First, I never said anything was perfect upon release. Software is created by humans, and as such it has flaws...even OpenBSD has "bugfixes", but only twice in ten years has a bug resulted in a remote exploit. Why? Because OpenBSD is written for *code accuracy* (not security...security just happens to be a side-effect of accurate code).iMav said:may be u could tell me an OS which was released a decade ago and has no update release and is still running strong u wont be able to come up with 1 even in the last 3 years ... the thing is an update has to be made nothing in this world was made perfect the first time not even human ... so ur point of vulnerability after vulnerability shows who is the idiot
Second, Microsoft has released how many revisions of their OS in the past 10 years? How many required Service Packs that re-wrote 1/2 the OS? Sounds to me like someone could use a lesson in *code accuracy*.
How many chances for remote exploit has Microsoft seen in 10 years? Now that we've established that, how many has OpenBSD seen? Oh, that's right...two.
10 years? That's old history, right?
Let's say six months, then...how many for Microsoft in six months? How many for OpenBSD? One.
Vulnerability after vulnerability? Indeed.
Edit - Vista wasn't released a decade ago...A decade ago Microsoft was still pushing the 9x series and we all know how THAT went for security purposes! In 1997, Windows 95 was at the helm of the Microsoft list...and security was so good in Win95 that I could hit escape at the login prompt, append a few characters to another user's password file, and then try to login as that user. Win95 was so kind that when it realized the password file was corrupted, it would ASK ME FOR A NEW PASSWORD for a user I shouldn't have had write access to! A decade ago, OpenBSD was beginning the massive code audit that is still going to this day. I guarantee you that even though bugs existed at that stage in the code, the system was intelligent enough to resist a simple attack such as the one I just described...
Have you read an OpenBSD vulnerability report? What about a Microsoft vulnerability report?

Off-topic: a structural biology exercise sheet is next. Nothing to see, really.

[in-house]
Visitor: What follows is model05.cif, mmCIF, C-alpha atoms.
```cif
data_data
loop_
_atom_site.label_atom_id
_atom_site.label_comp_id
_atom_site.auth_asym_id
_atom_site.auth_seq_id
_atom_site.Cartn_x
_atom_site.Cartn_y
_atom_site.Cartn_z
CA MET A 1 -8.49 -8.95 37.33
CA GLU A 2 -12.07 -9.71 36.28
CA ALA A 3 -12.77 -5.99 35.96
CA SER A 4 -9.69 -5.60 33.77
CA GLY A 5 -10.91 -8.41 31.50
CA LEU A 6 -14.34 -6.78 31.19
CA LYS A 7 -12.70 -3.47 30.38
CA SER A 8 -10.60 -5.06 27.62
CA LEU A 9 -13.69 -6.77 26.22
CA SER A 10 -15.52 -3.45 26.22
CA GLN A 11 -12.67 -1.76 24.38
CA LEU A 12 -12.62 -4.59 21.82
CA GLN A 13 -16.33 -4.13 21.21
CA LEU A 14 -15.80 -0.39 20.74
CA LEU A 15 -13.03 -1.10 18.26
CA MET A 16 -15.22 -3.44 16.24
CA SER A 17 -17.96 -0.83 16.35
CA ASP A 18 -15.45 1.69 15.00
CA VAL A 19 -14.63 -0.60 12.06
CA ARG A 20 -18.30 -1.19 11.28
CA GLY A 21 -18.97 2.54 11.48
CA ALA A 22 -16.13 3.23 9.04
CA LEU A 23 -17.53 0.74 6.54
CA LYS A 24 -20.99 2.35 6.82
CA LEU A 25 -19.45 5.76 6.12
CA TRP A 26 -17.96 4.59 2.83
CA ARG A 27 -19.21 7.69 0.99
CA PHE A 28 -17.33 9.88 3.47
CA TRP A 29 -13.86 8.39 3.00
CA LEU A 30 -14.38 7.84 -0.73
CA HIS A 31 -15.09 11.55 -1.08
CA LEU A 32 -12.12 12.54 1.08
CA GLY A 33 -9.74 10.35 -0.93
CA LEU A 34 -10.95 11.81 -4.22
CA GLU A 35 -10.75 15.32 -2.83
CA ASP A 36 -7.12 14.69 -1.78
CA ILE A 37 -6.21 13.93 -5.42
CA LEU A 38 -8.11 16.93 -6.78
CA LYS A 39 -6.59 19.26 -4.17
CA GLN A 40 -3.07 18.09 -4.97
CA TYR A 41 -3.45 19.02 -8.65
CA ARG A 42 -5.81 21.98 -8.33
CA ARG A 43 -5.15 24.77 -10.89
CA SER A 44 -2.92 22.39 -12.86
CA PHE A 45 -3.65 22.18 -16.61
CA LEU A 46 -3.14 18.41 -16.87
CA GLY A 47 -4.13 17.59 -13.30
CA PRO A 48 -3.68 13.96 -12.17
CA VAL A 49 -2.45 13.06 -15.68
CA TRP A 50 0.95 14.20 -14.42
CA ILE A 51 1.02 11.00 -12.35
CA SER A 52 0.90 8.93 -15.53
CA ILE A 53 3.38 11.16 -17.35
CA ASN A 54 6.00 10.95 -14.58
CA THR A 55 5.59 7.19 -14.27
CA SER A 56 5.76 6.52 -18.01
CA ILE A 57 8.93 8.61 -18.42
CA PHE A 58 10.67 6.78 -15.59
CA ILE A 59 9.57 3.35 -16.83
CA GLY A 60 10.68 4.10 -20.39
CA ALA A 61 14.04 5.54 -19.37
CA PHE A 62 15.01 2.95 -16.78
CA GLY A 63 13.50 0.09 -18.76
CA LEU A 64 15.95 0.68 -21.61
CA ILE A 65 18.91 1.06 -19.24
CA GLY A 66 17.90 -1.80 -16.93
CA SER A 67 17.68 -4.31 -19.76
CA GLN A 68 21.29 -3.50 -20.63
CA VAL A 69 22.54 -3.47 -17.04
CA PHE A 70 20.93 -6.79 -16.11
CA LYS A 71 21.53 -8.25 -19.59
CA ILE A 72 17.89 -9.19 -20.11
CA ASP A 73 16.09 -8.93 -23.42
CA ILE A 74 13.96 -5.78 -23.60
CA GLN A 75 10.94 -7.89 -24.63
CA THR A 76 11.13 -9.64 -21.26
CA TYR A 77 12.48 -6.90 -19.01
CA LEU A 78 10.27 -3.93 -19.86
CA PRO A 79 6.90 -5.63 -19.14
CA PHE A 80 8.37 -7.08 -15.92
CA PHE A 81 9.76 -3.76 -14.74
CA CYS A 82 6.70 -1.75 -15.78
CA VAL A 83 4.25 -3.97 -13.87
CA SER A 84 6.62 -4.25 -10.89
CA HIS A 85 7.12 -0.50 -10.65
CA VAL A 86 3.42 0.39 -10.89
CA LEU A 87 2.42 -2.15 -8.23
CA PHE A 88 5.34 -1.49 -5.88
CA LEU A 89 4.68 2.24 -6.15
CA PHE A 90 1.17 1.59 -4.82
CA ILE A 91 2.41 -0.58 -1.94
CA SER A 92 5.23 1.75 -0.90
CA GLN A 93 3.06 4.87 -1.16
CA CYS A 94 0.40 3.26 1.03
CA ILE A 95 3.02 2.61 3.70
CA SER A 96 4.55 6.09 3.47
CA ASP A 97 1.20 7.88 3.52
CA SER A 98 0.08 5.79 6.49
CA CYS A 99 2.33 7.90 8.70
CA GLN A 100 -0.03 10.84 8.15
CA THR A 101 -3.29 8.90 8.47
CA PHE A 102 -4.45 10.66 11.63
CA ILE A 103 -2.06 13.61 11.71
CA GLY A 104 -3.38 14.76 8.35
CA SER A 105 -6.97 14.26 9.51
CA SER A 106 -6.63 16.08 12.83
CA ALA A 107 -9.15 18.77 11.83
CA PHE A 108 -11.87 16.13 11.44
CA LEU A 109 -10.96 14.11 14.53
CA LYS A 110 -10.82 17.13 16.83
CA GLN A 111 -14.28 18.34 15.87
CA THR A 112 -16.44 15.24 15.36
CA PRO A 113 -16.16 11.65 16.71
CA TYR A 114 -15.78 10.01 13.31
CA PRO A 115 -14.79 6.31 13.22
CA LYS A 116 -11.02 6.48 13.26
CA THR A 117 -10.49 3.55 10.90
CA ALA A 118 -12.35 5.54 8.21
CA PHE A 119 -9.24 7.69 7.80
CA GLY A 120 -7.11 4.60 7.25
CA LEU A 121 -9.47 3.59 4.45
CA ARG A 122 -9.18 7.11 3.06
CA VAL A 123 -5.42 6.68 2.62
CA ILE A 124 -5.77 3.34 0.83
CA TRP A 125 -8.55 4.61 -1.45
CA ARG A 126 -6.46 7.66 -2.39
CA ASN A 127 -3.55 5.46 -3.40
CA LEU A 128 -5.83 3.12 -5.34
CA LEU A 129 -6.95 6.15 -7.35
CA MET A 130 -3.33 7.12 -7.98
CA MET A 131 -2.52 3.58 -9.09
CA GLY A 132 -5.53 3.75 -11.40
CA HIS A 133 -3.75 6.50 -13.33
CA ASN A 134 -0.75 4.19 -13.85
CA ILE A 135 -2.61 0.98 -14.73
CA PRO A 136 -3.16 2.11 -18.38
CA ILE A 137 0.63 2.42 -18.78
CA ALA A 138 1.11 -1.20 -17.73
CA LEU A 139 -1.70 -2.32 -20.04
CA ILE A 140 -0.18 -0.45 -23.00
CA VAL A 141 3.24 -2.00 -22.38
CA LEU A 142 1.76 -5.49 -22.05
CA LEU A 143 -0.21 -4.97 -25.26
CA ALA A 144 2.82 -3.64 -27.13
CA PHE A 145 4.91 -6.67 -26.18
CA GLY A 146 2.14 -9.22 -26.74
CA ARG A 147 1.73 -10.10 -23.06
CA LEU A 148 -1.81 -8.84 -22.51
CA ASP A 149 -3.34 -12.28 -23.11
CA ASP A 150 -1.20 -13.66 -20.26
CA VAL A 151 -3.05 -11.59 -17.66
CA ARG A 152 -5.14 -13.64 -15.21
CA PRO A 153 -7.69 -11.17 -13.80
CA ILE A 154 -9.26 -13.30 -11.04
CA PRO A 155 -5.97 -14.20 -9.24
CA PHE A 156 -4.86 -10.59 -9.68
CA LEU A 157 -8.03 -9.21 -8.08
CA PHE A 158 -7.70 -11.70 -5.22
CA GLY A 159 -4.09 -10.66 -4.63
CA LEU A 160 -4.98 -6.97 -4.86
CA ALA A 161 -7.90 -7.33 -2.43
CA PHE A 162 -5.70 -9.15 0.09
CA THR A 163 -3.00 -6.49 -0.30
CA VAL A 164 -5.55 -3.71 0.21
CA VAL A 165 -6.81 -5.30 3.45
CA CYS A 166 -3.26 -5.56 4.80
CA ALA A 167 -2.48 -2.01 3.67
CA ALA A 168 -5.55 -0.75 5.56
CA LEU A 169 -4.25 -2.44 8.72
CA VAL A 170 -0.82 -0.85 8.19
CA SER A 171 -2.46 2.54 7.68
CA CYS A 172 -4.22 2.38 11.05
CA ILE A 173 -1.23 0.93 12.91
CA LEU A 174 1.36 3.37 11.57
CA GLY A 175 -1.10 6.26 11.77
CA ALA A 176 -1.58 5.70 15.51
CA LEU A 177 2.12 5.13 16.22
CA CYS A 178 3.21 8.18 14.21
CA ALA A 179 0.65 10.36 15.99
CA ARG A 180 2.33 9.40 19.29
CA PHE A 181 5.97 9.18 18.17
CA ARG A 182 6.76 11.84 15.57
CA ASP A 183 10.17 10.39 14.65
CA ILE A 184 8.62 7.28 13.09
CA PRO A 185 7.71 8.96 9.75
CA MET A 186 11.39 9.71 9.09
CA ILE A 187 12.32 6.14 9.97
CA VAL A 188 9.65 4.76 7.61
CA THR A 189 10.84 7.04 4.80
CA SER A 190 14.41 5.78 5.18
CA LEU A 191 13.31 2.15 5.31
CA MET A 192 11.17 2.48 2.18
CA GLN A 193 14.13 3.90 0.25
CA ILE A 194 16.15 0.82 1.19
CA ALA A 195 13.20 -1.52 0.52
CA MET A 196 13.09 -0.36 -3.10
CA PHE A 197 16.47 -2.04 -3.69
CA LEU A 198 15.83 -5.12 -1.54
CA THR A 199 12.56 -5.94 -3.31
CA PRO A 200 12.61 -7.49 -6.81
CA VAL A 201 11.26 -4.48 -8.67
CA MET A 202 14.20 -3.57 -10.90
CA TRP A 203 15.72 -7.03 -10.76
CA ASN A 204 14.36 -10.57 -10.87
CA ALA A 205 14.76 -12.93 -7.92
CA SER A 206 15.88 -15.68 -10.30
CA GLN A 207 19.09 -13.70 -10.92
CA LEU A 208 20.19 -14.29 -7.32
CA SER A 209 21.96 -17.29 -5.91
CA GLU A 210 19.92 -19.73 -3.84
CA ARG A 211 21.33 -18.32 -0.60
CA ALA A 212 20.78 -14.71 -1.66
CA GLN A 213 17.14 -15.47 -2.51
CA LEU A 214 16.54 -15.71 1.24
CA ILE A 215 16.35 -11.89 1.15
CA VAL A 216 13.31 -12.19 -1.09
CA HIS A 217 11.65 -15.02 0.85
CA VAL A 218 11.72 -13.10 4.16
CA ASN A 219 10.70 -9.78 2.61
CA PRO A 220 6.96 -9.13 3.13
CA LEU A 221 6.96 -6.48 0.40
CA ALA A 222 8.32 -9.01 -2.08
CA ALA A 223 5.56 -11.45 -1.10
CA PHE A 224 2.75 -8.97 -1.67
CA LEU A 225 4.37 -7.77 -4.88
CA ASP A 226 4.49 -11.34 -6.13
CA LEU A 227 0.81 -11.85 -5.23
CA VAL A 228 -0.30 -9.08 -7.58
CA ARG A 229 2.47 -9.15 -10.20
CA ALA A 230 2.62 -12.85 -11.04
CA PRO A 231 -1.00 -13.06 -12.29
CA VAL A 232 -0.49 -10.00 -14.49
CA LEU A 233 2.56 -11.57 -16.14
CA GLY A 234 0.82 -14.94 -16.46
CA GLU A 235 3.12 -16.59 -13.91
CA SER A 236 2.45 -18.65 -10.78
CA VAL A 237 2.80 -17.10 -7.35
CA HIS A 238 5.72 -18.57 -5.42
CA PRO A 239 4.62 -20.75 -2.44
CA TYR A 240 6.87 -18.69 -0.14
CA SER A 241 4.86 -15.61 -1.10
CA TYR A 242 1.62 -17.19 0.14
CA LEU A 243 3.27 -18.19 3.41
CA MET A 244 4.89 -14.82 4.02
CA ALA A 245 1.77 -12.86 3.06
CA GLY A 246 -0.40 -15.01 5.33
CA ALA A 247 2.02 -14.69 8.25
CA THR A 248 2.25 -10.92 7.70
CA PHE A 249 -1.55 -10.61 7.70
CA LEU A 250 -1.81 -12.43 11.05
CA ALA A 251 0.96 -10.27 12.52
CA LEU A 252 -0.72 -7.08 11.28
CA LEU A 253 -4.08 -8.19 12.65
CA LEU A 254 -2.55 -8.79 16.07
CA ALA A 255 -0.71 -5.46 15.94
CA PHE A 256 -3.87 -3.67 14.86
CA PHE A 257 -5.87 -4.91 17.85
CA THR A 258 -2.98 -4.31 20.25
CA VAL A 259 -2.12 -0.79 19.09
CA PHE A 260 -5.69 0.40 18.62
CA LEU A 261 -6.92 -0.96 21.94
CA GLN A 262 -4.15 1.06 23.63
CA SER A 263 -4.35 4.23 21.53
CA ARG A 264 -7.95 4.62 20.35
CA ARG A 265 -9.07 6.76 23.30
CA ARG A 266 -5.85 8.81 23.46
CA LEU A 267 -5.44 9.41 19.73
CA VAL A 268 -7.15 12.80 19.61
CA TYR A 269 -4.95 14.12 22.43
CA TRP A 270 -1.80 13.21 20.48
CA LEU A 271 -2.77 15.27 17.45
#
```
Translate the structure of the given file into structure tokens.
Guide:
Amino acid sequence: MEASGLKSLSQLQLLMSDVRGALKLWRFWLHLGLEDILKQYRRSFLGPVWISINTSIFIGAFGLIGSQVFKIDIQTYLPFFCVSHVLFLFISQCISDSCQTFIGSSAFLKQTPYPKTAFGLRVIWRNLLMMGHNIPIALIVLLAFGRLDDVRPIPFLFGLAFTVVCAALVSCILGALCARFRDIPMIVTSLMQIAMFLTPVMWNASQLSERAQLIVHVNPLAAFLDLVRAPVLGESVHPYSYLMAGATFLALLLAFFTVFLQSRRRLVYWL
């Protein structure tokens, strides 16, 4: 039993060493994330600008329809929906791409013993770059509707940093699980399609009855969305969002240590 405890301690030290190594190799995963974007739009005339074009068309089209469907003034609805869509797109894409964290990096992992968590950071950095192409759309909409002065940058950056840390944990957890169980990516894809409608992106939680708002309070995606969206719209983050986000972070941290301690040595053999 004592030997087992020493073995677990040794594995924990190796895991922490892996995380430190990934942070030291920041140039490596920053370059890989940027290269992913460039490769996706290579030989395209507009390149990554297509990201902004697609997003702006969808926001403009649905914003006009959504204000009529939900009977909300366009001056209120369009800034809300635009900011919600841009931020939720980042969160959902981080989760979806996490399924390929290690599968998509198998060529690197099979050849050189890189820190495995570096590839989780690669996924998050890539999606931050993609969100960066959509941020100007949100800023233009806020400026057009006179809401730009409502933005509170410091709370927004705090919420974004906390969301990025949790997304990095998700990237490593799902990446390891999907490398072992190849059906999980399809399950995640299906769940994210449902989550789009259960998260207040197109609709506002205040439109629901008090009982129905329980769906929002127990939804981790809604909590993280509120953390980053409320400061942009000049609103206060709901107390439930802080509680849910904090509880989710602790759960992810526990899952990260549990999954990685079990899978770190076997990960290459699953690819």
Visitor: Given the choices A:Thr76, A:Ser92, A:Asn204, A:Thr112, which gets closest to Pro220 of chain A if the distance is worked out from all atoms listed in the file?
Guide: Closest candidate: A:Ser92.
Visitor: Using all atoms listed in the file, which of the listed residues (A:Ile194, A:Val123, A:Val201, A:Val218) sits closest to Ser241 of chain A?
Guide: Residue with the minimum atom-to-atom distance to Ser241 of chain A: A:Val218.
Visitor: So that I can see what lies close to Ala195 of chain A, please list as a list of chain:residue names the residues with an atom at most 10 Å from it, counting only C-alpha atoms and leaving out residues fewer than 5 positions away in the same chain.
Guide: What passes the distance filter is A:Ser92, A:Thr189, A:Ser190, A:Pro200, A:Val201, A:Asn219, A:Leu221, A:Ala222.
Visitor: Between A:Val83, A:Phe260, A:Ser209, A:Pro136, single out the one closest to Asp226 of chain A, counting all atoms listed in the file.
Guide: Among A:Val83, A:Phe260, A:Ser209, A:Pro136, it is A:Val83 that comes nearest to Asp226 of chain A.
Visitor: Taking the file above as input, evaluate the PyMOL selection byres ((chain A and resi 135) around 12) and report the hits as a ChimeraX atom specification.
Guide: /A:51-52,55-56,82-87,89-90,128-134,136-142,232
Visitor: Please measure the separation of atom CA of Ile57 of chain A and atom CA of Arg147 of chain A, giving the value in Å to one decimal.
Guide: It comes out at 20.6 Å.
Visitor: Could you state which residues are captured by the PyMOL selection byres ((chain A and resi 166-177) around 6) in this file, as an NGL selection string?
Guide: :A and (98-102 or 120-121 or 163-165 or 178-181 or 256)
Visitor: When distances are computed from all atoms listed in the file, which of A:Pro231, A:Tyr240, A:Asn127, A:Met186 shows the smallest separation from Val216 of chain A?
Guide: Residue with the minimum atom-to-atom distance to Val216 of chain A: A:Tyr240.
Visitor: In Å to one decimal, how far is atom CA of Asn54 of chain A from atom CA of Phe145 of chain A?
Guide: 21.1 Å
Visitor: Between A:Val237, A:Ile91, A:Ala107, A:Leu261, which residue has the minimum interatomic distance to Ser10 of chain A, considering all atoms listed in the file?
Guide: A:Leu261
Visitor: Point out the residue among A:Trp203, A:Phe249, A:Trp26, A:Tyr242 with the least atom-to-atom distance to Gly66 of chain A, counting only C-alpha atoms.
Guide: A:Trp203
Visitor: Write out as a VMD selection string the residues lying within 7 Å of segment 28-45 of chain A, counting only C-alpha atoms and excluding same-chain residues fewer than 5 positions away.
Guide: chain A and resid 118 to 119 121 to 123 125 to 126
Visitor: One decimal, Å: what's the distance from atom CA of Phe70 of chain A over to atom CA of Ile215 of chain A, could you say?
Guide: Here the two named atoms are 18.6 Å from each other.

< taken from http://www.kb.cert.org/vuls/id/986425 > March, 2007
OpenBSD: Systems connected to public IPv6 networks are particularly at risk from this vulnerability. However, since link-local addresses are part of the IPv6 specification and configured by default on Ethernet interfaces, even systems that have not been explicitly configured to use public IPv6 networks are vulnerable to attack from other systems on the same physical network or multicast network.
That's right...to exploit this bug, someone needs to be on my network already (and using the next generation ipv6, which isn't in widespread use except for Japan and academic institutions). The patch to fix it was available after a few days, and in the mean time a single line modification to one config file was all that it took to nullify this exploit.
< taken from: http://www.kb.cert.org/vuls/id/511577 > Feb. 2007
Microsoft: Microsoft Malware Protection Engine contains a vulnerability that could be exploited when it attempts to process specially crafted PDF files. According to Microsoft Security Bulletin MS07-010, an integer overflow vulnerability exists in the way that the Microsoft Malware Protection Engine processes Portable Document Format (PDF) files. An attacker with the ability to supply a specially crafted PDF file could exploit this vulnerability. Note that according to Microsoft the Malware Protection Engine is a coponent of the following:
- Windows Live OneCare
- Microsoft Antigen for Exchange 9.x
- Microsoft Antigen for SMTP Gateway 9.x
- Microsoft Windows Defender
- Microsoft Windows Defender x64 Edition
- Microsoft Windows Defender in Windows Vista
- Microsoft Forefront Security for Exchange Server
- Microsoft Forefront Security for SharePoint
What about a fix for this bug? Oh, an update! Yay.